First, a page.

Wednesday, October 9, 2013
Utes looking for signature win over Stanford
By Kevin Gemmell
Stanford and Utah are looking for bounce-back performances this week -- though under different circumstances. For Utah, which has lost both of its games by a narrow margin, a victory over No. 5 Stanford would serve as a signature announcement to the rest of the league that it has arrived.
Travis Wilson and the Utes get their toughest test of the season versus Stanford on Saturday.
The Cardinal -- still perfect on the season -- are simply looking to shore up some offensive inconsistencies that plagued them at home Saturday against a very good Washington defense. Stanford posted season lows in total yards (279), rushing yards (179), yards per carry (4.4) and passing yards (100). Quarterback Kevin Hogan, who has thrown one interception in four straight games, was also sacked twice and posted the lowest passing total and completion percentage since becoming a starter last season.
“Coming off a game where we ran it and threw it and blocked it extremely well against Washington State, we were not up to par in this game,” said Stanford head coach David Shaw. “We missed opportunities throwing the ball to guys [who] were open. We didn’t make enough plays. Our pass protection wasn’t bad, but they are a good group, and if you don’t throw the ball on time, they are going to get to you.”
Turnovers were what plagued the Utes in their 34-27 loss to UCLA last Thursday. The final stat book reads six interceptions for quarterback Travis Wilson – though that’s not an accurate account of how things went down. Besides the fact that Wilson was sick in bed all day with flu-like symptoms leading up to the game, there were issues with drops, deflections and protection breakdowns that contributed to the turnovers.
“He’s a resilient kid. He’s confident,” Utah coach Kyle Whittingham said of his quarterback. “When you break them down, deflected balls, a route structure that was incorrect, getting hit just as he released the ball. If it was six bad decisions and six bad throws, that would be a big problem. But that wasn’t the case and our guess is that he’s going to bounce back and play well … a lot of blame to go around for six interceptions.”
This marks the first meeting between Utah and Stanford as Pac-12 members and the first showdown between the schools since 1996. The Utes are 0-1 against the Pac-12 North this season (falling to Oregon State 51-48 in overtime last month) and 4-5 overall against North teams. Since joining the league, Utah is yet to beat a conference member ranked in the Top 25.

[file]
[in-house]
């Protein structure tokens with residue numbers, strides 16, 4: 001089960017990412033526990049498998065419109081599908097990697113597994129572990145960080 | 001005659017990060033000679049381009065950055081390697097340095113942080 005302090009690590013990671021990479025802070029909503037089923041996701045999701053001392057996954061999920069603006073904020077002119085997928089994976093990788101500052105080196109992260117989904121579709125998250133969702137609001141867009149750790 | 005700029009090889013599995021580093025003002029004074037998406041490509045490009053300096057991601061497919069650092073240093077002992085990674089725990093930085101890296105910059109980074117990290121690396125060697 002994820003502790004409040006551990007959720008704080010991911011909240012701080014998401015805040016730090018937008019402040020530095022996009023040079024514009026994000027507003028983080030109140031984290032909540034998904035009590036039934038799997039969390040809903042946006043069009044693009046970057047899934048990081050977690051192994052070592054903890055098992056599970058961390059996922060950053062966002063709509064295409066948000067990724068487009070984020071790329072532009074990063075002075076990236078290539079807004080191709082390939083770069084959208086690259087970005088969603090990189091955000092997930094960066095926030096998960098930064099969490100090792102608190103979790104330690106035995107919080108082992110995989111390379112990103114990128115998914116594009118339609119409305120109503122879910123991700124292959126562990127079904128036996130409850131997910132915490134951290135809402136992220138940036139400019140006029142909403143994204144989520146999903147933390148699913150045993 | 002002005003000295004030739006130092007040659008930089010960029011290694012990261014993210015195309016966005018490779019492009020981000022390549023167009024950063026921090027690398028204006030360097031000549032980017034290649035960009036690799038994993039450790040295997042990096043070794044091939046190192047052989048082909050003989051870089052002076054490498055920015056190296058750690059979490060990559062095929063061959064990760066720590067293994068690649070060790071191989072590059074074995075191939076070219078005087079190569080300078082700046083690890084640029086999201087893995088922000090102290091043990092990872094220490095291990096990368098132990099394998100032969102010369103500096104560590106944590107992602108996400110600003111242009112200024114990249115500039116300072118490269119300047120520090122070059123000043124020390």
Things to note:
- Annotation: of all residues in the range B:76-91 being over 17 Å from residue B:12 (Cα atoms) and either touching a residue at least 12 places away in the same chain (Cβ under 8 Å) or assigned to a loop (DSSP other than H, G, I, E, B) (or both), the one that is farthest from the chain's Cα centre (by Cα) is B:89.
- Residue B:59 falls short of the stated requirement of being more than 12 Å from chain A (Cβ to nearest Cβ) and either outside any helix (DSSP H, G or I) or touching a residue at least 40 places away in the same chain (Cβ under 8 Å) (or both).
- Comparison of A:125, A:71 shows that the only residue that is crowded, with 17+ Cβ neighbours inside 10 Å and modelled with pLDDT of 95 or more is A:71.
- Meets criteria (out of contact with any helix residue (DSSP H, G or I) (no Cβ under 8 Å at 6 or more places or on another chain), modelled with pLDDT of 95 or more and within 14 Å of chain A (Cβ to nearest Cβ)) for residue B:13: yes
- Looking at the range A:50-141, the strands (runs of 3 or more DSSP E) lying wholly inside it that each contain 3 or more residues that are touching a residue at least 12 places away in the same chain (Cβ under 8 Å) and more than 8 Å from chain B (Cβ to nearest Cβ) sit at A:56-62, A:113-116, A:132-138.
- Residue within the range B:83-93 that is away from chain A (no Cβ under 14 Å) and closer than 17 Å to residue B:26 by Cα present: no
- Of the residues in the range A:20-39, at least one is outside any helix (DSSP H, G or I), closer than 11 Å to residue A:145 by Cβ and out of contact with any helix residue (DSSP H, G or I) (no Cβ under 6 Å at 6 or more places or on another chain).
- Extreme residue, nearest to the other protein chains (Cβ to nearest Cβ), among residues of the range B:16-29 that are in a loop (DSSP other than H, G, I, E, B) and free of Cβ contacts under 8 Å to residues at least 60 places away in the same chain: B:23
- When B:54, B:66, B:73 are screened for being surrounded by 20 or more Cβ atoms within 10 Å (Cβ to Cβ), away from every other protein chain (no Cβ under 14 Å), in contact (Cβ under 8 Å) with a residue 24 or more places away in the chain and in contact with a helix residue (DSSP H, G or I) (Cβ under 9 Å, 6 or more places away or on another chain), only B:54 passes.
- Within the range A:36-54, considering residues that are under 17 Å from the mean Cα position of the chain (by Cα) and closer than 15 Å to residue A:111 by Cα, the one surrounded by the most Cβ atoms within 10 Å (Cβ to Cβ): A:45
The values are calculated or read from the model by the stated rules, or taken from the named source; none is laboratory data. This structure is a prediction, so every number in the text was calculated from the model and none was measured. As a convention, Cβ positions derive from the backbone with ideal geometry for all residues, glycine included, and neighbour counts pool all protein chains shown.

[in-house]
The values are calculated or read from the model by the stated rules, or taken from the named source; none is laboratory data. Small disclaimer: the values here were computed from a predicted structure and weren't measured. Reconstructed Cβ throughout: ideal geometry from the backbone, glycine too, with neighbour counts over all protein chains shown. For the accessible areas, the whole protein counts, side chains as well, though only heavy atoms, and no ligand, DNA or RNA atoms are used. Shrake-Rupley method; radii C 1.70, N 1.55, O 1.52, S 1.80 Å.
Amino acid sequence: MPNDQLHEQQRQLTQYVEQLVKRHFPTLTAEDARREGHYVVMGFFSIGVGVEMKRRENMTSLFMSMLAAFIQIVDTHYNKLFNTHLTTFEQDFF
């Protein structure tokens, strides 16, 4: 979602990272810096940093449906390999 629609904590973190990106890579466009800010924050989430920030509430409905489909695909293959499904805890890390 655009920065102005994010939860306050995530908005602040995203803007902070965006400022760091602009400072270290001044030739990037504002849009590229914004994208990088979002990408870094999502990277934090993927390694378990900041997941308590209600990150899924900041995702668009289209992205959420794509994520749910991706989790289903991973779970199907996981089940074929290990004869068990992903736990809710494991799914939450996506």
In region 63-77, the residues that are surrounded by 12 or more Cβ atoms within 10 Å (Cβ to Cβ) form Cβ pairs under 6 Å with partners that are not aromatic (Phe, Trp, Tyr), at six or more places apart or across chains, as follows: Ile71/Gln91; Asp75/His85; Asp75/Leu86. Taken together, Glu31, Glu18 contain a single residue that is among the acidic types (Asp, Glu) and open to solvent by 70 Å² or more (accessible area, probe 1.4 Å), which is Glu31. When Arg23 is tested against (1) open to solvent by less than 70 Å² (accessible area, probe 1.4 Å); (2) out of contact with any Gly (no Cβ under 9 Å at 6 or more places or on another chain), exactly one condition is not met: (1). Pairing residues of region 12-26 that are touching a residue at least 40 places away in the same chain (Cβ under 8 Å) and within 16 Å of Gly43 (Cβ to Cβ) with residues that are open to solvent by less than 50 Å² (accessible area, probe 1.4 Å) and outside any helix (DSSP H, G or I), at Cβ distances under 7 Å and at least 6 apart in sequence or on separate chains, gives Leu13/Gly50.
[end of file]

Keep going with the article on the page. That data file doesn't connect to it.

“Stanford’s front seven is extremely physical,” said Whittingham, whose Utes are playing a top-15 team for the second straight week. “In my estimation they are the most physical team in the Pac-12. But we feel like we’re pretty good at the line of scrimmage as well on both sides of the ball so we’ll see how we match up.
“It’s week in and week out. There are no weeks off in this conference. We’ve got some big challenges down the road. We understand that, that’s part of the deal. There’s nowhere else we’d rather be than in the Pac-12 competing and trying to get better.”
Shaw said he sees the potential in Wilson. Prior to the UCLA game, he had thrown nine touchdowns to just three interceptions while adding five more touchdowns on the ground. Shaw has seen plenty of film of Wilson because he was high school teammates with Stanford offensive lineman Kyle Murphy. So he knows what Wilson is capable of when he’s at his best.
“Offensively, when they don’t turn the ball over, they are very dangerous,” Shaw said. “I saw him play in high school. The guy can stand in the pocket and see over everybody and [can] make all of the throws. They are a very, very dangerous football team.”
The Utes will likely be without tight end Jake Murphy for the rest of the season after he had surgery on his broken wrist. That means more Utes will have to step up in the passing game. Plus, in their past two games, the Utes are just 3 of 27 on third down -- a problem they need to correct against an aggressive Stanford front.
“The biggest issue is there have been too many third-and-longs in those third downs, which means we've got to be better on first and second down at getting ourselves in third and manageable instead of third and nine-plus,” Whittingham said. “That's the first step. That's been a huge point of our focus of the last three days is to try to remedy that.”